Natural Evils

The below item is part of my "Conversations" series.

An atheist and a Christian working to straighten a car’s fender.

Bianca: They really did a number on your car. This was from just getting backed into in the parking lot?

Caleb: Yep.

Bianca: Wow. Did you get their licence number, at least?

Caleb: Nope. They took off faster than I could think of what to do.

Bianca: That’s just evil. Do you ever wonder why God lets people like that do things like this to someone as religious as you?

Caleb: If God didn’t let people do what they wanted — good or bad — He wouldn’t be a benevolent creator, he’d be an evil dictator.

Bianca: Sure, God would have to allow humans some freedom to avoid being a supernatural Hitler, but what I don’t understand is why you think God wouldn’t stop natural evils like floods and birth defects.

Caleb: All the things that people call natural evils are the result of natural processes, and those natural processes do us much more good than they do harm. For example, an earthquake might knock a vase off a shelf or put a crack in a wall’s plaster, but earthquakes are a consequence of plate tectonics. If it were not for plate tectonics, the mountains would be worn to nothing by erosion, and they couldn’t hold snow packs to bring water to the valleys during the warm season. Floods renew the soil, forest fires clear up debris, bacteria remove the dead — every natural "disaster" is actually a far larger good than it is an evil.

Bianca: I know that disasters are side effects of natural processes, but how does that get God off the hook? He set the whole system up in the first place, so why didn’t He just make it less harsh?

Caleb: How do you know He didn’t? Maybe what we have is the least harmful environment that it is physically possible to create.

Bianca: I really doubt that. Natural disasters are enormous problems. It can’t be impossible for them to be less severe.

Caleb: You think they’re big problems? Did you know that if you look at all the natural disasters — including diseases, birth defects, environmental dangers, and everything — they only impact about 2% of people every year? That’s a vanishingly small number. Don’t you think that the amount of good the world brings us is worth a little inconvenience to a few people?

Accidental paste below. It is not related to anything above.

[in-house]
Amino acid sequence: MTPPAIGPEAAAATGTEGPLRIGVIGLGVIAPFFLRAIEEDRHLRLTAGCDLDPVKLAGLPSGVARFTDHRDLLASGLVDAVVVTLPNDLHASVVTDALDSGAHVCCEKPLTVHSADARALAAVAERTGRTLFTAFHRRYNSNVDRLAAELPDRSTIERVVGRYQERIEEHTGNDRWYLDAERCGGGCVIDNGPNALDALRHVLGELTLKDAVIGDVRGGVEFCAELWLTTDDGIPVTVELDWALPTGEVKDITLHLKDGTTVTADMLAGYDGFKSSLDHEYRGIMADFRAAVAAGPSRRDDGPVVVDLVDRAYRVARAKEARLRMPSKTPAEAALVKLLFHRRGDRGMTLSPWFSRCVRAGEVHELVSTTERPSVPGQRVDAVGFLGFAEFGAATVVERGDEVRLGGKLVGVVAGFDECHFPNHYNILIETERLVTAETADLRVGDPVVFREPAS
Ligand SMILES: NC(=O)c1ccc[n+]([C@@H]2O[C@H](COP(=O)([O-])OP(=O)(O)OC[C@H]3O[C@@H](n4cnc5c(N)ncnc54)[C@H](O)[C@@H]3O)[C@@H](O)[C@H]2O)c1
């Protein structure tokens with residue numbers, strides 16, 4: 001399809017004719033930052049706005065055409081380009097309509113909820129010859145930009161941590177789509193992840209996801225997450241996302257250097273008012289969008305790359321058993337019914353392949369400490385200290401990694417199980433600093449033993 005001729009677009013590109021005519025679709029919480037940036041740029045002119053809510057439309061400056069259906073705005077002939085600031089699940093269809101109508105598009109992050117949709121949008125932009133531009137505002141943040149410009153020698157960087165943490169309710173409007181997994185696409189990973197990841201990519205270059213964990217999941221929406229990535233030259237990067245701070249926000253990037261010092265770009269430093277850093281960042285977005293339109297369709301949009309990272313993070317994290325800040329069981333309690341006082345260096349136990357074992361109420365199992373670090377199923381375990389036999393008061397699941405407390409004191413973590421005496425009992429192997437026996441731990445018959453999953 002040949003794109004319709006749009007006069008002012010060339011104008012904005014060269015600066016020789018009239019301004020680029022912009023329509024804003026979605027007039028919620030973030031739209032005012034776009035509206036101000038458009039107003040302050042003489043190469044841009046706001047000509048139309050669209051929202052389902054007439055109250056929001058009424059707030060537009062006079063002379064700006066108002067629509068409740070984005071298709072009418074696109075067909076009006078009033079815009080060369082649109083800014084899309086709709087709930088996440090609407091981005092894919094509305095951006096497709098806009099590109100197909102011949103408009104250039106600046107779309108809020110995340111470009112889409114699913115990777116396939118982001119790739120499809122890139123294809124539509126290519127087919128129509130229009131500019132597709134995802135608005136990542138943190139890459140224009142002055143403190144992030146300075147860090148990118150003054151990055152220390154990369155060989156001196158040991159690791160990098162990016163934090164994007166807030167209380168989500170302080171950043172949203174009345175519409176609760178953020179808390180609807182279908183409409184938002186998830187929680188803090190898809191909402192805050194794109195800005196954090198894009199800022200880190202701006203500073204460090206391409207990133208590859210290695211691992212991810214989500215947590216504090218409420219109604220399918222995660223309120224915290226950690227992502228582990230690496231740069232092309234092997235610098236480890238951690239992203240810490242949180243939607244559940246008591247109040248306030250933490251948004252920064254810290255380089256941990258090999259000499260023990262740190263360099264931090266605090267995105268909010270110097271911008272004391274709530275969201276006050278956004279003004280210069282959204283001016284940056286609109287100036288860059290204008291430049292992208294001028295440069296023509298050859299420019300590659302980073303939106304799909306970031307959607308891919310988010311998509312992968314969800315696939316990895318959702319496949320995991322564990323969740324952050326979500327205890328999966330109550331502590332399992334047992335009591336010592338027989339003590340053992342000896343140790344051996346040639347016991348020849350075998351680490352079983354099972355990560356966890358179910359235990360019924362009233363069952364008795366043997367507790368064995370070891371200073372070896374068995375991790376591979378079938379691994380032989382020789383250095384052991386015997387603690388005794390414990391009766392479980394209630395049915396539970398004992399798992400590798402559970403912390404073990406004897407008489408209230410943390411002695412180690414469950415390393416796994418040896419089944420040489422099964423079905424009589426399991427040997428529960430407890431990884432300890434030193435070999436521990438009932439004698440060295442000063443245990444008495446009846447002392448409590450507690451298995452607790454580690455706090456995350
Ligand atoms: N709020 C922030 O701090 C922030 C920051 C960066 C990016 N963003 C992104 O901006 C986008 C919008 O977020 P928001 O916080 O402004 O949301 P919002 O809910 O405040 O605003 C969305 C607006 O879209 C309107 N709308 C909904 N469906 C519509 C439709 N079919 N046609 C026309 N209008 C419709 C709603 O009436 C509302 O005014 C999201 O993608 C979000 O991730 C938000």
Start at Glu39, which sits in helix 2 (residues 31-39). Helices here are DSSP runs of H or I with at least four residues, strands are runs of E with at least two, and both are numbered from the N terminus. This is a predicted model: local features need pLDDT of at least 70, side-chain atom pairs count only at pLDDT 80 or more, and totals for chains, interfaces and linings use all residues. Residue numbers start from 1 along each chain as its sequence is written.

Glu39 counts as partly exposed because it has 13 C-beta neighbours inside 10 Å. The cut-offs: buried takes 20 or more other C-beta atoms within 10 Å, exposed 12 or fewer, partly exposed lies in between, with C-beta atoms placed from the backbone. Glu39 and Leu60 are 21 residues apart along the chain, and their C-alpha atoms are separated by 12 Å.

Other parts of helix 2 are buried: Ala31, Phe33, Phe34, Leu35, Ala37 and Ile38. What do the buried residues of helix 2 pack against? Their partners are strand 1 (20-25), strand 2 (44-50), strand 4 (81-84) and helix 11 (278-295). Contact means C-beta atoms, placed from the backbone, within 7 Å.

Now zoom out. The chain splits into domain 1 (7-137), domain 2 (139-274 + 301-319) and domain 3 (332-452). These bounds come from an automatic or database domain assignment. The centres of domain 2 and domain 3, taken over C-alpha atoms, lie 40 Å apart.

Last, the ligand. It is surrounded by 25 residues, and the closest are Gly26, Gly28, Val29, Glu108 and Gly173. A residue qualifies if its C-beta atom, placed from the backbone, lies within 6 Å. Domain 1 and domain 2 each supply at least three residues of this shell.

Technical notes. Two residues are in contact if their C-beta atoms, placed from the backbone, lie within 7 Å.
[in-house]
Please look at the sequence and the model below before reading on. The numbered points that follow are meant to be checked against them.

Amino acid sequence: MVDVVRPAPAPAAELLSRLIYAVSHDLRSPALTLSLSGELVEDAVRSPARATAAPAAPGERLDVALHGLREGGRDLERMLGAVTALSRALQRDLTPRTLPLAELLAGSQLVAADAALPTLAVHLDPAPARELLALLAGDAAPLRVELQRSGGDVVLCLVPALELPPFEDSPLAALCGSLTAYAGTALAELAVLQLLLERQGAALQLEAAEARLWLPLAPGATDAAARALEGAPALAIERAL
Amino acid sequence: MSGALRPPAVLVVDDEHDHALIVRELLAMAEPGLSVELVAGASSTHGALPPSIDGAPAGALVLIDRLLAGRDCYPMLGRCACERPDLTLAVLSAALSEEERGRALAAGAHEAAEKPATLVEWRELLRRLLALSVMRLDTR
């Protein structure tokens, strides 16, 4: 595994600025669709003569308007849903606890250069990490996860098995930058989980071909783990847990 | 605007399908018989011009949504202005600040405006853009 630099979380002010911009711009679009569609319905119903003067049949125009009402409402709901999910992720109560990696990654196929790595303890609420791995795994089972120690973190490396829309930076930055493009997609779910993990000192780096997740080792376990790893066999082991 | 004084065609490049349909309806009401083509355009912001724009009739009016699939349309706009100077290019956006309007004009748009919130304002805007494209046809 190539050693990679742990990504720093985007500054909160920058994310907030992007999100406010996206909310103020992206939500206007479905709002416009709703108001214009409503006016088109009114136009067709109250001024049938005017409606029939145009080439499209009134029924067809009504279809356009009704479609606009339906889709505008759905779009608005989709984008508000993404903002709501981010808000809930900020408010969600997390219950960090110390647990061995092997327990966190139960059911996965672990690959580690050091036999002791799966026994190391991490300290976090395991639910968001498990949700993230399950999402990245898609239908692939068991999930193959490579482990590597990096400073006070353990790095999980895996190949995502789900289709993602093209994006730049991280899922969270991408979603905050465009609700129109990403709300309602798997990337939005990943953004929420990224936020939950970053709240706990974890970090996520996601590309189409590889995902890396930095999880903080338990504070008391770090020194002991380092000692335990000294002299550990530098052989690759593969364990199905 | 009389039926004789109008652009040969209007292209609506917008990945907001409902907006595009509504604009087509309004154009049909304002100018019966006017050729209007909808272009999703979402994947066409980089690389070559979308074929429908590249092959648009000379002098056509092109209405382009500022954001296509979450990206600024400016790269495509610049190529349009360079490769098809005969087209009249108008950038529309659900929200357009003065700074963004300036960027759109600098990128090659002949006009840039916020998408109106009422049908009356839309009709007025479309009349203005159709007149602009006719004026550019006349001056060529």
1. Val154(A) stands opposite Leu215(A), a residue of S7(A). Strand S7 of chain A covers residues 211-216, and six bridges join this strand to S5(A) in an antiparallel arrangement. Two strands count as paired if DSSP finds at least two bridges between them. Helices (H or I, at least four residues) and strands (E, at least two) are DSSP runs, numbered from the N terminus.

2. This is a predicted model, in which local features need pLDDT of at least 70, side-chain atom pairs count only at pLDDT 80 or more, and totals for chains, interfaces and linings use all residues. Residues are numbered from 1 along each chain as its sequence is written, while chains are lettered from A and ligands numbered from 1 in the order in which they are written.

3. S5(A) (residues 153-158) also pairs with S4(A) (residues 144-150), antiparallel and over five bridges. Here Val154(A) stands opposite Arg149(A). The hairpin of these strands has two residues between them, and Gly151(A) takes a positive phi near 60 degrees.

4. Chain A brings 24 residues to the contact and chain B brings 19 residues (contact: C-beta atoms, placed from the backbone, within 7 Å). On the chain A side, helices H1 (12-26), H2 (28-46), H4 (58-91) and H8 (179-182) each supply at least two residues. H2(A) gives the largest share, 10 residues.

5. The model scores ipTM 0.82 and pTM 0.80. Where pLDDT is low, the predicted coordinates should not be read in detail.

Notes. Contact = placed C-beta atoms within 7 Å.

Bianca: If I told you that in this country only 2% of innocent people are sent to prison each year, would you say that the justice system is a good one because it helps far more people than it harms?

Caleb: That’s not a good analogy. You can make the justice system better.

Bianca: To a point, but there will always be a certain number of innocent people punished. What I’m saying is that the acceptable threshold of innocent people harmed is far less than 2%.

Caleb: For prison, maybe, but we’re talking here about processes that make our existence possible. Making that 2% into 0% would mean eliminating life on Earth.

Bianca: What about lowering it from 2% to 0.1%?

Caleb: That’s not physically possible.

Bianca: How do you know?

Caleb: Because if it was, God would have done it.

Bianca: Then it must not be possible for this fender to get off of your tire because we’re not making any progress and God sure isn’t helping.

Caleb: Amen to that. I’m going inside to pray up a tow truck.

 


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Posted on July 22, 2013 at 9:03 pm by ideclare · Permalink
In: Conversations

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